A Look At The Spending Side (7/30/97)
Congress To Vote On Budget, Tax Bills (7/30/97)
Weighing In On The Budget Deal (7/30/97)
Clinton, GOP Leaders Hail Budget Pact (7/29/97)
Explaining The Budget (7/29/97)
How The Deal Affects You: A look at the agreement's tax breaks for families, capital gains and education. (7/29/97)
GOP, White House Say Budget A Done Deal (7/28/97)
Congress Wraps Up Work On Balanced Budget Deal
Pair of bills rockets through both chambers, heads for president's desk
WASHINGTON (AllPolitics, July 31) -- Congress wrapped up two furious days of work on the balanced budget deal reached earlier this week as the Senate cleared the tax cut bill by an overwhelming margin Thursday afternoon.
The five-year, $151.6 billion tax plan, which provides a net tax cut of $94 billion, passed the Senate 92-8. Earlier today, the Senate cleared the companion budget legislation, which lays out spending priorities, on a 85-15 vote.The House of Representatives got the budget out of its hair earlier in the day, approving the tax cut plan 389-43. It had passed the spending plan Wednesday night on a 346-85 vote.
Congress raced to approve the twin bills and deliver them to President Bill Clinton's desk before leaving Washington Friday for its August recess.
Together, the spending and tax cut packages promise to eliminate the deficit by 2002 and provide the first major tax cut in 16 years.
The week proved to be a gala week of chest thumping, with a White House ceremony planned for Friday. Meanwhile, the question remains: will the agreement actually balance the budget by 2002?
No delays here: House moves swiftly
Following last night's passage of the balanced budget spending bill, the House moved quickly to consider the tax cut portion of the pact.
A $500-per-child credit tops the bill's features. Republicans got their much coveted reduction in the capital-gains tax, while Clinton won $35 billion in benefits for students. Reductions in estate taxes and a cigarette tax hike are also part of the plan.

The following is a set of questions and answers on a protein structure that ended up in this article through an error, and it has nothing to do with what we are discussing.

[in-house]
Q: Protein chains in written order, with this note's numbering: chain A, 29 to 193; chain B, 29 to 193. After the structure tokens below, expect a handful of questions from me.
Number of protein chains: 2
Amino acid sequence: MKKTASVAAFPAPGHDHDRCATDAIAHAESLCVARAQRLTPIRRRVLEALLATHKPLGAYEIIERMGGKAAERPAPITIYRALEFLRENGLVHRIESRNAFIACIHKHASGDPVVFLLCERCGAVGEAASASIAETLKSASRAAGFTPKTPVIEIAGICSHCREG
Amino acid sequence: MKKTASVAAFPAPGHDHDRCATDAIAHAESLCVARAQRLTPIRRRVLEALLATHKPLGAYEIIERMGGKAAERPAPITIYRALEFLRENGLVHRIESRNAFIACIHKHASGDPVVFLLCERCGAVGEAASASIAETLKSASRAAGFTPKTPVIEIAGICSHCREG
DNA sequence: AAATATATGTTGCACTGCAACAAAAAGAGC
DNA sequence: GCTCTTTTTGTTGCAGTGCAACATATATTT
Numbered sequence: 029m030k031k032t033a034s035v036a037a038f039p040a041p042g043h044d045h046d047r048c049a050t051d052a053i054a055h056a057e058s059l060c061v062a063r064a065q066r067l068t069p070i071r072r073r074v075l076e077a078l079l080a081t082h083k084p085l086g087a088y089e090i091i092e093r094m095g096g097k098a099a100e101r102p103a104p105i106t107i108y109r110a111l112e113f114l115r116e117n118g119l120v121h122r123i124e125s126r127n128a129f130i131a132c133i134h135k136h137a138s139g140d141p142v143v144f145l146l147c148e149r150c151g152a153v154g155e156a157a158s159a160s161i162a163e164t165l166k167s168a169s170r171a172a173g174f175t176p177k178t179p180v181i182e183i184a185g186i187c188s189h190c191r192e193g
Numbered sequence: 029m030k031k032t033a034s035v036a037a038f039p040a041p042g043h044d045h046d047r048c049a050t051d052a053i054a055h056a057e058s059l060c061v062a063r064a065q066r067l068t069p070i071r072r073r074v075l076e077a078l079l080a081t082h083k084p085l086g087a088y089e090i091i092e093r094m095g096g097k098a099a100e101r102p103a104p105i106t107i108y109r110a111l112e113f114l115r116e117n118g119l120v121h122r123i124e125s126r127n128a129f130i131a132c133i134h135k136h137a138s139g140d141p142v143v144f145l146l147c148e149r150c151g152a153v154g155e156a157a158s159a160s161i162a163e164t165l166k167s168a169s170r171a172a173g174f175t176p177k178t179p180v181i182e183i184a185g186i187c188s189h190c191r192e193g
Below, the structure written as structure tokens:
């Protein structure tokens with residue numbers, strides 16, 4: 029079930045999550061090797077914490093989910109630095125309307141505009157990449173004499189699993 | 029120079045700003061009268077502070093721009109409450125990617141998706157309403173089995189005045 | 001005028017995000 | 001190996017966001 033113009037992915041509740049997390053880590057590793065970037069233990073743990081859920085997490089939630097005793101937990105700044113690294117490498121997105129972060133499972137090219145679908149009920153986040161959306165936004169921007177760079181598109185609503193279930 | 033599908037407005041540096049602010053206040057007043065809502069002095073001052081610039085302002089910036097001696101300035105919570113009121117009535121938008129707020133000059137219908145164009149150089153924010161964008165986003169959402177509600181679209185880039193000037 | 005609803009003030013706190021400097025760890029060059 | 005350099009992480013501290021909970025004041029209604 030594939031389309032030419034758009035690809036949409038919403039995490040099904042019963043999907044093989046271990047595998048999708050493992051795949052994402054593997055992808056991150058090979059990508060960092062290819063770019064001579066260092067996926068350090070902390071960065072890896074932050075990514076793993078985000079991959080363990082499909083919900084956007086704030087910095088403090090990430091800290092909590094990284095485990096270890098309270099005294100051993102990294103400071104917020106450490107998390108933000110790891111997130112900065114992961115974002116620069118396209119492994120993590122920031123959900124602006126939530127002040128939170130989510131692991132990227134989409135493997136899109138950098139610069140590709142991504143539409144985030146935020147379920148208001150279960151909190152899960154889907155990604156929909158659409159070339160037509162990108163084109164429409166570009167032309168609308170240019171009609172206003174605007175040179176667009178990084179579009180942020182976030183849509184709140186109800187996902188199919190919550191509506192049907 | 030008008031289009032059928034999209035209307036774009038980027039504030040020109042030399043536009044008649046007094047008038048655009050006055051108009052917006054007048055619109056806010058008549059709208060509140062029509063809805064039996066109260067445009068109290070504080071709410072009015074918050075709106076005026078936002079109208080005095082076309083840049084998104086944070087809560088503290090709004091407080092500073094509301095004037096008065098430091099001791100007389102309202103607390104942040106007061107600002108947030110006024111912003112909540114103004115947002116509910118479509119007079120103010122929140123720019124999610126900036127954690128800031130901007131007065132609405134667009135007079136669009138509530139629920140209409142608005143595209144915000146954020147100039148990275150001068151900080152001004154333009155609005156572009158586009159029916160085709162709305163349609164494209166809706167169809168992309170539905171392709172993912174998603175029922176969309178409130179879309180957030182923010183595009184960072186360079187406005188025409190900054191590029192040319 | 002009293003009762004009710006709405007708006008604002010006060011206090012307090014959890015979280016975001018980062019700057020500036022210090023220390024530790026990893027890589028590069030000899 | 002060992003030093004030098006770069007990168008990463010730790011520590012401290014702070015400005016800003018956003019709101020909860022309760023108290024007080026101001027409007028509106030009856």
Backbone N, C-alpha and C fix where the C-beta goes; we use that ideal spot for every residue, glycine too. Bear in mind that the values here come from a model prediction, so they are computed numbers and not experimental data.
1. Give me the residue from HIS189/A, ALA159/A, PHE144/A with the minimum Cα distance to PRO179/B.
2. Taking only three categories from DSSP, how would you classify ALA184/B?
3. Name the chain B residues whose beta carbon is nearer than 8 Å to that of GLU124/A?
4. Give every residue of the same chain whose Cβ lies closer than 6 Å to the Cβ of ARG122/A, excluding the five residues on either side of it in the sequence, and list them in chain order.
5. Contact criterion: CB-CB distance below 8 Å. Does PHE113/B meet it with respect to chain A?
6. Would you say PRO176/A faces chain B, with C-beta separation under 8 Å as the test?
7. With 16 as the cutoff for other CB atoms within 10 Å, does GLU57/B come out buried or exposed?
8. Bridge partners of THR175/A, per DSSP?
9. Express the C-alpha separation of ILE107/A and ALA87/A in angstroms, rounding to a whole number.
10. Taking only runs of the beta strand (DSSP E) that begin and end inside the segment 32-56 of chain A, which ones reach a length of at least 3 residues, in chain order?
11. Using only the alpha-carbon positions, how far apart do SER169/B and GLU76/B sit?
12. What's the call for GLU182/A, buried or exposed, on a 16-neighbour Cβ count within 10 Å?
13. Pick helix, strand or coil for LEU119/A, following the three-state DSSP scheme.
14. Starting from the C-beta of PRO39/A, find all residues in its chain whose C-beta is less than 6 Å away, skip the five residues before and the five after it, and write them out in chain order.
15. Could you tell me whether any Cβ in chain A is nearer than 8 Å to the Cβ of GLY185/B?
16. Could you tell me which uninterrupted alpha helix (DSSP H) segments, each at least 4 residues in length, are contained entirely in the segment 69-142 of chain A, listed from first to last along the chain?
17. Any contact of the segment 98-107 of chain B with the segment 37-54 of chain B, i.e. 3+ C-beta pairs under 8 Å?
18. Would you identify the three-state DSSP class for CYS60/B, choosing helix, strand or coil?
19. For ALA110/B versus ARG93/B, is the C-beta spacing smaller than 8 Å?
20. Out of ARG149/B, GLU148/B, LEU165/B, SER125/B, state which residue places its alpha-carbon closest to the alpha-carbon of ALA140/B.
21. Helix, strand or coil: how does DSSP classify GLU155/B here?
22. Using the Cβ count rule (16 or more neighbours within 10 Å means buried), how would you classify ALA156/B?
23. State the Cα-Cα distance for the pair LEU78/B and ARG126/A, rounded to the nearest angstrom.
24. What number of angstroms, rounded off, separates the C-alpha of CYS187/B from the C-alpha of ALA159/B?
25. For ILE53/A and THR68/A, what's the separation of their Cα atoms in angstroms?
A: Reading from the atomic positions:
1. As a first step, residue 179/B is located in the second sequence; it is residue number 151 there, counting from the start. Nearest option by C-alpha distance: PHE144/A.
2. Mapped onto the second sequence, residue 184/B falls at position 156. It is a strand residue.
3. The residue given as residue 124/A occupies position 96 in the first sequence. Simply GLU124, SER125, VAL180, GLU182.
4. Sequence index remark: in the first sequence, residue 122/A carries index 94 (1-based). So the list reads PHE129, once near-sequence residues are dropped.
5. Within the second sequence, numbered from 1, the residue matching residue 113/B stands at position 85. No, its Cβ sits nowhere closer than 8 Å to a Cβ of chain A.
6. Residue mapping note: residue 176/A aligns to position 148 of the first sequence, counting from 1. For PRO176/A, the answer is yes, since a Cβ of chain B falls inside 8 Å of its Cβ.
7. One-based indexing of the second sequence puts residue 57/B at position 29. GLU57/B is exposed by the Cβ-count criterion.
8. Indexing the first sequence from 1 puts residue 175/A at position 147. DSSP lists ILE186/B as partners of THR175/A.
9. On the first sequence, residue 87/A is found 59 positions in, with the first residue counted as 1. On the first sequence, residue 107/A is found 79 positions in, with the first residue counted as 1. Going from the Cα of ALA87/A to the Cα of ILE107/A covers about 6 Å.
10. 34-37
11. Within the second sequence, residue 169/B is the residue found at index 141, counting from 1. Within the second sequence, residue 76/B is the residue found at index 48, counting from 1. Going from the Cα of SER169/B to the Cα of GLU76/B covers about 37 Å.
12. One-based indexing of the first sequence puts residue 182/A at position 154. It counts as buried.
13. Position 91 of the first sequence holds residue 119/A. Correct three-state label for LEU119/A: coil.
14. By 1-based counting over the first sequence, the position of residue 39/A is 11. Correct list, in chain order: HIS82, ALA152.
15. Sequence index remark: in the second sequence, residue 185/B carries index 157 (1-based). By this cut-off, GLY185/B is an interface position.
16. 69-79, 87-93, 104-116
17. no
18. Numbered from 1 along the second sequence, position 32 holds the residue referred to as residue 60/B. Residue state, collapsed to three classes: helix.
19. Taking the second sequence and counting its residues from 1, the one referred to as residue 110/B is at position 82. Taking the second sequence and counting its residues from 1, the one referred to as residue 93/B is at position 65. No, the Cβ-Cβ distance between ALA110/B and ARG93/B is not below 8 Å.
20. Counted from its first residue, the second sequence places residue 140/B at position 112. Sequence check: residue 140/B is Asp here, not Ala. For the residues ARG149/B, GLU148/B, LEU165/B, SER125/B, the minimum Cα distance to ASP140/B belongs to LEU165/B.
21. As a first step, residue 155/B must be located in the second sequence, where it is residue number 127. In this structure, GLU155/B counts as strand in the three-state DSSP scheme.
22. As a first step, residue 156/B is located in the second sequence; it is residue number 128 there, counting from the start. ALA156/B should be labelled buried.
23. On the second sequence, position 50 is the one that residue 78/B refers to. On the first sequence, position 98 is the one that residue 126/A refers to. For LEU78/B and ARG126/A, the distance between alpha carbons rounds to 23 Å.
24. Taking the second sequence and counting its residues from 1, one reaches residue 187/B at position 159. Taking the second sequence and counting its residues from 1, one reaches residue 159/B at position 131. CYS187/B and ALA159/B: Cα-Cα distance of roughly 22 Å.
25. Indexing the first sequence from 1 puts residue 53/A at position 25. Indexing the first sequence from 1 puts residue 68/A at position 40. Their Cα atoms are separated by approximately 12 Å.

"It provides tax relief ... from the childhood years to the education years, from the savings years to the retirement years," said House Way and Means Committee Bill Archer (R-Texas), a chief architect of the pact.
Some liberal lawmakers spoke out against the tax cut plan during the day.
"We in the Democratic Party feel strongly that the people in the middle, the people stuck on the bottom, are the people we need to be giving the majority of this tax cut," said House Minority leader Dick Gephardt (D-Mo.).
Even so, the measure passed with overwhelming support, with only 43 Democrats, plus Rep. Tom Campbell (R-Calif.) and Rep. Bernard Sanders (I-Vt.) voting nay.
"I thought there would be 20 more no votes," House Speaker Newt Gingrich said after the roll call.
Senate approves the spending bill
Democratic and Republican senators declared victory after passing legislation this morning that promises to reduce spending and balance the federal budget by 2002. The measure would also provide health insurance coverage for children.
In a strongly bipartisan vote, 42 Democrats and 43 Republicans voted yea, while only three Democrats and 12 Republicans voted to reject the balanced budget spending bill.
"It is, in short, a great victory for the American people who are entitled to expect that their adult leaders work together," said Senate Budget Committee chairman Pete Domenici (R-N.M.).
The celebratory mood reigned over the Senate floor even before the historic vote. Senate Majority Leader Trent Lott (R-Miss.) said he would like to sing "Hail to the Chief" as he had promised to do if this day came. Alas, the Senate's rules prohibit singing on the floor.
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